Dog Manual


Obedience is the foundation of all training. It forms the greater part of everything we do, and each faulty act throughout the course of training can be traced to a lack of obedience during those first exercises, HEEL, SIT, DOWN and COME WHEN CALLED. Every single dog, irrespective of the kind of training given,—for moving pictures, for the stage, for Red Cross or police work —starts off with a ground work of obedience. And may I emphasize again and again that these exercises must be repeated in connection with all lessons. If the dog is not efficient in them, he will never do well when he begins with the real training.

We have to take into consideration that the dog at hand has in all probability been raised from puppyhood under different conditions wherein he has been given no definite commands, and only random talk. Naturally he becomes more or less upset and confused when he hears commands of just a few short words. Patience and self control on the part of the guide are vital.

It is quite possible that the exercises must be repeated several times before the dog understands clearly what is wanted, thus it would be highly detrimental to use force or any semblance of harshness. If he pulls on the leash, a training collar should be used, but after he has learned to heel, even though perhaps not quite correctly, he should be tried again for a while without the training collar. If, however, he continues to pull after a reasonable length of time, then resort once more to the collar.

Remember that the dog is always to be at the guide's left, for practically all training is designed for handling him on this side. Soon both dog and guide will discover that the left hand is the friendly one, ever ready to pet and encourage, whereas the right hand is the one which metes out punishment when punishment is required. Throughout the course of lessons to come, the dog learns to love the guide's left hand; to respect the right hand. He learns that all things uncomfortable come from that right hand, whether it be the poisoned meat test, a jerk on the leash, the throw of the chainette or even the holding of the deadly weapon such as the gun or the stiletto. In case of attack the offender, facing the defender, will use his right hand, thus providing the dog with a much better opportunity to protect his master from the left side. Further, the carried bundle or suitcase will not interfere with correct heeling at the guide's left side inasmuch as objects of this kind are ordinarily carried in one's right hand.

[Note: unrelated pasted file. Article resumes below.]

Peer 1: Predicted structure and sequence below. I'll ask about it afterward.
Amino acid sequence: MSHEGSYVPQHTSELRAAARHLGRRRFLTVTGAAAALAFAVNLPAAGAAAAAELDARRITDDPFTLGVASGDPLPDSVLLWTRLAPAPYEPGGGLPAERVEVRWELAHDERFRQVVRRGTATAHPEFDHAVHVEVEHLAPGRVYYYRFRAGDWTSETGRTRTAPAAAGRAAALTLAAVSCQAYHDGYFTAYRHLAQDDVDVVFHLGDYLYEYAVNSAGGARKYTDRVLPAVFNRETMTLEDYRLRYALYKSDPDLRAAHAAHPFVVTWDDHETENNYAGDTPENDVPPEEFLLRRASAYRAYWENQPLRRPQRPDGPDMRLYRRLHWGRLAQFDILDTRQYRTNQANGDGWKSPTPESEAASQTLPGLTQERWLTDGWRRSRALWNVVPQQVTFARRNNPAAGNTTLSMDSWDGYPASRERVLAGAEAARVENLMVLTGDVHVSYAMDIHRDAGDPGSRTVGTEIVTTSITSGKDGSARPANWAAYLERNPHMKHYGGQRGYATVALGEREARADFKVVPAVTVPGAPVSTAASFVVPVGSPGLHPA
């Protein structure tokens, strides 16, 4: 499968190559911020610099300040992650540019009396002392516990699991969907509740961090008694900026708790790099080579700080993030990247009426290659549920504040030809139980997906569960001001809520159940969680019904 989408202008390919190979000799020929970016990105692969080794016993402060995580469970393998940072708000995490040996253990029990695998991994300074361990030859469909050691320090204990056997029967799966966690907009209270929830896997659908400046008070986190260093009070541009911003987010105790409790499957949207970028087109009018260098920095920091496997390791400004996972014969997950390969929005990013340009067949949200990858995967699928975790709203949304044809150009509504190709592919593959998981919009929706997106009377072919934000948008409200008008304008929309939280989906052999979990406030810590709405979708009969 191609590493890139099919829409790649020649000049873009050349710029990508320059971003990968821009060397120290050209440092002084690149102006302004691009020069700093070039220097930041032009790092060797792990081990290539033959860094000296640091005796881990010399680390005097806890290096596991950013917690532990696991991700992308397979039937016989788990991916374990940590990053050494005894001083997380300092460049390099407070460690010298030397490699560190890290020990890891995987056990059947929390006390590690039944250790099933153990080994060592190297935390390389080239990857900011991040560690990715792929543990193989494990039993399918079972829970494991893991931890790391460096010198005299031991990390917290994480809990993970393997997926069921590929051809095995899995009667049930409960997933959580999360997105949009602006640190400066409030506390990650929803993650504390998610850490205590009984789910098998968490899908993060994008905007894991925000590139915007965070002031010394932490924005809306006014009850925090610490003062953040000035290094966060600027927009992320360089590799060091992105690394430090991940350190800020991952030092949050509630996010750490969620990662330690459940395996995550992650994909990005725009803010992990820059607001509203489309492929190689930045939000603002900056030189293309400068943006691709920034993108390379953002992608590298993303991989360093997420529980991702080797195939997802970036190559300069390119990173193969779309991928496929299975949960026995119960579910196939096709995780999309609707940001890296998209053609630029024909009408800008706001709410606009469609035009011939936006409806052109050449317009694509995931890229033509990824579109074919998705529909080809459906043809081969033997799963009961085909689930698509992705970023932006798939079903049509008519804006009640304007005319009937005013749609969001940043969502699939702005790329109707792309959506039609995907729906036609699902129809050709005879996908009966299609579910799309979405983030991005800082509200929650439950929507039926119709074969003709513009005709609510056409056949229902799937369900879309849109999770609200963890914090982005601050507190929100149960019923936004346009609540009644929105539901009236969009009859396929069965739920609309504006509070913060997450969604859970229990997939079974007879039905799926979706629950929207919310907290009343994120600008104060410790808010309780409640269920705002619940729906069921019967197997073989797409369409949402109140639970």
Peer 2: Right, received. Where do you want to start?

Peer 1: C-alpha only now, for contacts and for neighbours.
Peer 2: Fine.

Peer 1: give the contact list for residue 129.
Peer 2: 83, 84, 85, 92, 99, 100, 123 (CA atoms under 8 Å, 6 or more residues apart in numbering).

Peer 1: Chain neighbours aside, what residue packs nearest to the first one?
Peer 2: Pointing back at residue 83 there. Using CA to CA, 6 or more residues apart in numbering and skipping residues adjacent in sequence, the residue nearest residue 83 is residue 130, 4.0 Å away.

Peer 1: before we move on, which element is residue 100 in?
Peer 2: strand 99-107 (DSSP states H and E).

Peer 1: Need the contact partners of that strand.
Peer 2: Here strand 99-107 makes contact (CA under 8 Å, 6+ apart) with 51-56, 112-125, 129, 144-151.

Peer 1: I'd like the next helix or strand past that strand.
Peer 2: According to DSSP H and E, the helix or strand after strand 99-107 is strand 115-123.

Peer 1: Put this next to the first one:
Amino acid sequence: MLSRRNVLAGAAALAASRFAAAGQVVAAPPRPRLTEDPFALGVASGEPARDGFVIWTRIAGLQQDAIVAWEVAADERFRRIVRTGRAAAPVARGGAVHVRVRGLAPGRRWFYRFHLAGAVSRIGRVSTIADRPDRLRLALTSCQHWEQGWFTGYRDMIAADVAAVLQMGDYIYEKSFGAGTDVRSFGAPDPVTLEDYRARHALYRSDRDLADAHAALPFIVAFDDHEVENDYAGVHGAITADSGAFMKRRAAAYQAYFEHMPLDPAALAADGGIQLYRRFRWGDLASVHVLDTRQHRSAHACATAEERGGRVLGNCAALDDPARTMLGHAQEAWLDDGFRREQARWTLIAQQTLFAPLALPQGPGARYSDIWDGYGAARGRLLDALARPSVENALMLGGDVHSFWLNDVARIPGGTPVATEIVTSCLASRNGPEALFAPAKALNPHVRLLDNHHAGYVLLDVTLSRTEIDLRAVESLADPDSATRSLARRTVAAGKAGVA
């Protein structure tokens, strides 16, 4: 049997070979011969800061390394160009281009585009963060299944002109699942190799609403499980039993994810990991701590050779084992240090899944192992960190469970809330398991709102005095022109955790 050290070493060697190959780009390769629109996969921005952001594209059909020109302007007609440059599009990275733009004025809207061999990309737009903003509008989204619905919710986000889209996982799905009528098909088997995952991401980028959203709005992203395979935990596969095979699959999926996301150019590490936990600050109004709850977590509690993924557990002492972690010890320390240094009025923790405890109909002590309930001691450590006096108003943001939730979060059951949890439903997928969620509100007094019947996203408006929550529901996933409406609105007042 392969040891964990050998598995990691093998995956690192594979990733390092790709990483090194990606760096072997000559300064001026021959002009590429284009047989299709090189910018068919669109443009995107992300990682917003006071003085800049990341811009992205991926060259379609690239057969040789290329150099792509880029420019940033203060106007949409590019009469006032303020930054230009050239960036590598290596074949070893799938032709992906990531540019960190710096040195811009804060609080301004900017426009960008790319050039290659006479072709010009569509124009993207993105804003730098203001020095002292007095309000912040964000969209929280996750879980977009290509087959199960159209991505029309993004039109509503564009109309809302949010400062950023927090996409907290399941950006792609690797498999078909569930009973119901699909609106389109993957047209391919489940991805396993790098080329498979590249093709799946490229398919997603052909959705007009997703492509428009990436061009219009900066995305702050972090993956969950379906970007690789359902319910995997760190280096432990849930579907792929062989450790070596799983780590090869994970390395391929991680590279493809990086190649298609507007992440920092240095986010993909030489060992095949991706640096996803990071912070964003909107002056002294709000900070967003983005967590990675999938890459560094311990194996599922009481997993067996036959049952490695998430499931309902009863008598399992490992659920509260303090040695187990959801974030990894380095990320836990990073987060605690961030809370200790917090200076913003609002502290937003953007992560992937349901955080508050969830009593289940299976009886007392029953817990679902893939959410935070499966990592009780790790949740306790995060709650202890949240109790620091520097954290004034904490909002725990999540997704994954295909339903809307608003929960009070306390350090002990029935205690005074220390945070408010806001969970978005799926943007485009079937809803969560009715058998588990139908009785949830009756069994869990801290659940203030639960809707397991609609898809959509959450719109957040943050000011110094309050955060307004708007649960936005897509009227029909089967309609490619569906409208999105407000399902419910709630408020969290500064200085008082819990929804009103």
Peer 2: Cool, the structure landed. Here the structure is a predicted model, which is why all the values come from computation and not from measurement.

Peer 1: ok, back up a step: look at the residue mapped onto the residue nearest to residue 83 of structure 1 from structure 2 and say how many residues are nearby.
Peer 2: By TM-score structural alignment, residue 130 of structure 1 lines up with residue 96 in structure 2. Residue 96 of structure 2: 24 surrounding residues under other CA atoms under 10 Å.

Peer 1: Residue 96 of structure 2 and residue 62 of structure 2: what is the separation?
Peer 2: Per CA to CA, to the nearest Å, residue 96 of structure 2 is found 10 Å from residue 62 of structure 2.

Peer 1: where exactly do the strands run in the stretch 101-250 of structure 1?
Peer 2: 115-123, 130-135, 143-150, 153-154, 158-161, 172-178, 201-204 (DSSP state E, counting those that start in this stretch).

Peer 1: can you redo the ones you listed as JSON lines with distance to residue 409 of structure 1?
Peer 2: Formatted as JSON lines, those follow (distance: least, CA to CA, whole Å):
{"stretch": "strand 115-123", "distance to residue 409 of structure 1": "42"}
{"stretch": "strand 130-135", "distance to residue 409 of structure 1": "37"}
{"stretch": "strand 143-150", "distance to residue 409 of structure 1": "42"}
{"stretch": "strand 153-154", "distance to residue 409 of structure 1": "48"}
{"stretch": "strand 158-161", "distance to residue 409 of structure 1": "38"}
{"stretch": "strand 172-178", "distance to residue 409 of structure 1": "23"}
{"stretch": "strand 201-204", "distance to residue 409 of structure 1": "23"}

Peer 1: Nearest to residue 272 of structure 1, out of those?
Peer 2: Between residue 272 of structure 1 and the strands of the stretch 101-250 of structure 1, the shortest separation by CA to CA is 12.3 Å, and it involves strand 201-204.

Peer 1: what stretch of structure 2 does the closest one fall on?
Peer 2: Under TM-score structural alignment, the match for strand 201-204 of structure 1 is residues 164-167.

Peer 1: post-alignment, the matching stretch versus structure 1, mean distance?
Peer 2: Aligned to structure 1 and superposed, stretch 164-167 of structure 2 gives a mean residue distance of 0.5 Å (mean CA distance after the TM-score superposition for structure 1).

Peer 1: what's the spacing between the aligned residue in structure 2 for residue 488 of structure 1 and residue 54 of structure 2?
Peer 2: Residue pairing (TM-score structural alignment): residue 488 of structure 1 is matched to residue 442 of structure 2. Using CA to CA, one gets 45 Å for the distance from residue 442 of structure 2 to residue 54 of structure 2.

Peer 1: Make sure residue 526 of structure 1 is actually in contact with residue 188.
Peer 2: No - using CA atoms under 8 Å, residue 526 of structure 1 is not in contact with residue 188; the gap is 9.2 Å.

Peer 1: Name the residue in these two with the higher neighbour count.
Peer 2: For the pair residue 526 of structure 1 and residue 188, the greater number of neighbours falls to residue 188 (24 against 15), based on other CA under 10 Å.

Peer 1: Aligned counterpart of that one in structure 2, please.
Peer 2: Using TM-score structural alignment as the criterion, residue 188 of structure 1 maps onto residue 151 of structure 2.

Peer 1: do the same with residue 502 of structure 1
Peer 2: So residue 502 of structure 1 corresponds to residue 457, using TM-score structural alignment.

As to the method of addressing the dog, give all commands in a friendly though determined tone of voice, loud enough to be understood but not so loud as to frighten. And the instant the dog reacts correctly to the order and does the right thing, praise him a bit. Bear in mind, though, that praise too oft repeated will encourage the dog to jump at the guide and possibly to forget for the moment the command given. The same thing will happen when commands are spoken in sing-song or too friendly manner.

For the initial training I recommend a fenced-in, or indoor place where the guide can get the dog under control in the event he breaks away. A room filled with furniture is not suitable, especially for HEELING exercises because it offers too many hiding places for the dog. From now on the proper commands should be employed at all times, in-doors, out-doors, in short, everywhere. Commands are to be short, and different in sound for the sake of avoiding errors or undesirable associations with other commands. HEEL will signify that the dog must come and remain in position at the guide's left side . . . just that single word, HEEL. Remember then to avoid wordy commands such as the "Come here," "Can't you hear me?", or "What did I tell you!" so frequently heard.

Important likewise is it to use these new commands always, especially about the house. The whole idea of training is to make a companion of the dog, which with heart and soul will obey the wishes of his guide.  A companion is our aim, not a sort of mechanical instrument that works like a machine on the training field. Nor is the dog the only member of this partnership who puts his heart and soul both into his work. To derive the full joy of companionship, the guide too must put his heart and soul into the endeavor. The language the guide speaks to his dog should come from his heart as well as from his lips, for only in that way can the bond of companionship be lastingly strengthened.